|What it is||BASIC CLEAN Budget-priced dishwashers with good performance but limited features. Whirlpool is big in this price range, and you’ll also find Maytag, GE, and Kenmore models.||BRIGHT OUTCOMES High-quality dishwashers with more reasonable price tags. You’ll find some Electrolux and KitchenAid models in this price range, along with Bosch, Kenmore, GE, and the upper end of Whirlpool and Maytag.||GLEAM OF THE CROP The best class of dishwashers available today. Among the upscale brands that offer all the bells and whistles are Asko, Miele, KitchenAid, and Electrolux.|
|How much you'll spend||$250 to $700||$700 to $1,4000||Upwards of $1,400|
|What makes them shine||At the low end of this price range, you’ll get a normal wash cycle, and possibly an additional, light cycle, while you can count on another cycle or two as you move up in price. Models at the top of this price range should also offer some degree of energy-reducing sensor technology.||In this price range, you can still find soil sensors, although the models may not make as many fine adjustments in water and energy usage as pricier machines do. You generally can count on four to six wash cycles, including heavy-duty cycles, quick, normal, and rinse-only cycles. At the higher end of this range, you can find a fully integrated control panel and a 14-place-setting capacity. You also can find models that meet 2011 Energy Star criteria.||Premium dishwashers have sensors that continually adjust such variables as water temperature, water usage, and cycle length. They offer at least five—and as many as nine—cycles, including heavy-duty, quick wash, and delicate; some even have a separate stemware cycle. Dishwashers in this class have extra-large cavities that can accommodate up to 15 place settings (the industry’s standard measure of capacity) and are barely audible when operating. To take advantage of the latest technology, look for a steam or power-scrub option that targets baked-on foods. You also can count on a fully integrated control panel (meaning you don’t see it when the door is closed), and great flexibility in how the racks, tines, and cutlery basket or tray can be positioned.|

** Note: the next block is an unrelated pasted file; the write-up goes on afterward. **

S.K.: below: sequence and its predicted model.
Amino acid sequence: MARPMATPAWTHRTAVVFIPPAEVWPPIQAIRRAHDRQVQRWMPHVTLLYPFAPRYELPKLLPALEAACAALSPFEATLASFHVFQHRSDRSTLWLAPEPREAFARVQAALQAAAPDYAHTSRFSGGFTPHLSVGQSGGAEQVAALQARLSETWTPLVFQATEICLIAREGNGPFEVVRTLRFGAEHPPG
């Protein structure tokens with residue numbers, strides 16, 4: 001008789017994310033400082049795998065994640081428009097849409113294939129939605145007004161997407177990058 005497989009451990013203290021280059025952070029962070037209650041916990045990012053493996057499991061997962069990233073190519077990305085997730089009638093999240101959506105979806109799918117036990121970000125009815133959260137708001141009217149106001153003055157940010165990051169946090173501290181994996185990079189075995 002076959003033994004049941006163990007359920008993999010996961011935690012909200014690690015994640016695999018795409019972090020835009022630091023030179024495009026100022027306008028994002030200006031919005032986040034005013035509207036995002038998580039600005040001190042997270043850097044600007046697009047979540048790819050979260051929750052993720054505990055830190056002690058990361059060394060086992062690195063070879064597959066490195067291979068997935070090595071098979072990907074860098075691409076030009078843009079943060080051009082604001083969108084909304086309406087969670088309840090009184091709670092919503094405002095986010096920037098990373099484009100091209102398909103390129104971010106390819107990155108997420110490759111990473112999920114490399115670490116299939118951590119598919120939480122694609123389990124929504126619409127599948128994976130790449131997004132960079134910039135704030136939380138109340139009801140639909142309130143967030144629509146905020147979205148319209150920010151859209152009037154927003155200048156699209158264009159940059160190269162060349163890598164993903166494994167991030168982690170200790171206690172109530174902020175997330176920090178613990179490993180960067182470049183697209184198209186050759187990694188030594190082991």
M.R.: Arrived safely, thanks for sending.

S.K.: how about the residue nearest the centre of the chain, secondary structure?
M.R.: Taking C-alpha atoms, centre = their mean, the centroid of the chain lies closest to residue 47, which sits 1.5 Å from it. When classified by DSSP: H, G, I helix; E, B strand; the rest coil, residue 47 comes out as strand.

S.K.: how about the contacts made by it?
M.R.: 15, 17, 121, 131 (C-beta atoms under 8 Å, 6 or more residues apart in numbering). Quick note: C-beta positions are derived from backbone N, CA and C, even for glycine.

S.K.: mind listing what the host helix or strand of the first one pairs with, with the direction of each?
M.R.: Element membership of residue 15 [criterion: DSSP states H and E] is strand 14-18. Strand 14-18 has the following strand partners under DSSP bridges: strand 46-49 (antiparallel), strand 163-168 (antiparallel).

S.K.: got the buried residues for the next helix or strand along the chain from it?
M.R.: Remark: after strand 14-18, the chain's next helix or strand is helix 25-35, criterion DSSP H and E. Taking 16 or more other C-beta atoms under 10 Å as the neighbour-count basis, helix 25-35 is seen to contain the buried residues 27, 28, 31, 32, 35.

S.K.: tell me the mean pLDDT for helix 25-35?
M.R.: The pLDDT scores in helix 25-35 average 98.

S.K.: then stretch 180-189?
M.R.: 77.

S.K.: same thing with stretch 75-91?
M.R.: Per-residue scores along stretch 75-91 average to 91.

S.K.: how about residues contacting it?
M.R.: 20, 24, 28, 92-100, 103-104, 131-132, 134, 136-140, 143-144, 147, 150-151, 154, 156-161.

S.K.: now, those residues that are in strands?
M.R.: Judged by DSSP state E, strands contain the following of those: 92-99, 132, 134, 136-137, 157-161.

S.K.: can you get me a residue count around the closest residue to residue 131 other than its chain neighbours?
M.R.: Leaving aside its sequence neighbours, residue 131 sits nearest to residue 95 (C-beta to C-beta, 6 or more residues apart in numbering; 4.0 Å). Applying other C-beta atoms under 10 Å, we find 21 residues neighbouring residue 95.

|What you'll give up||Several premium features, such as a fully integrated control panel, more specialized cycles, an advanced sensor system, and the premium insulation required for minimum noise levels.||Probably the specialty option for cleaning baked-on foods. You may also have to forego the delicate or stemware cycle, and the rack system may be a little less versatile than those in upscale machines.||Nothing; at this price level, you should be able to find a machine with all the features you need.|
|And keep in mind...||If price is your main consideration, you will shave at least $50 off a dishwasher’s price tag by foregoing stainless steel and opting for black or white instead.||It pays to decide which features you can’t live without and which you’re willing to give up before you shop. Machines at this price range will be noisier than more expensive models, so if noise is an issue for you, check out the product spec sheets among brands to compare decibel ratings.||As long as you’re going for an upscale machine, make sure that the model you choose meets 2011 Energy Star criteria, which will give you energy-efficient performance above and beyond that required by the basic federal standards.|
Barbara Solomon Josselsohn is a freelance writer in Scarsdale specializing in home-furnishings and family topics.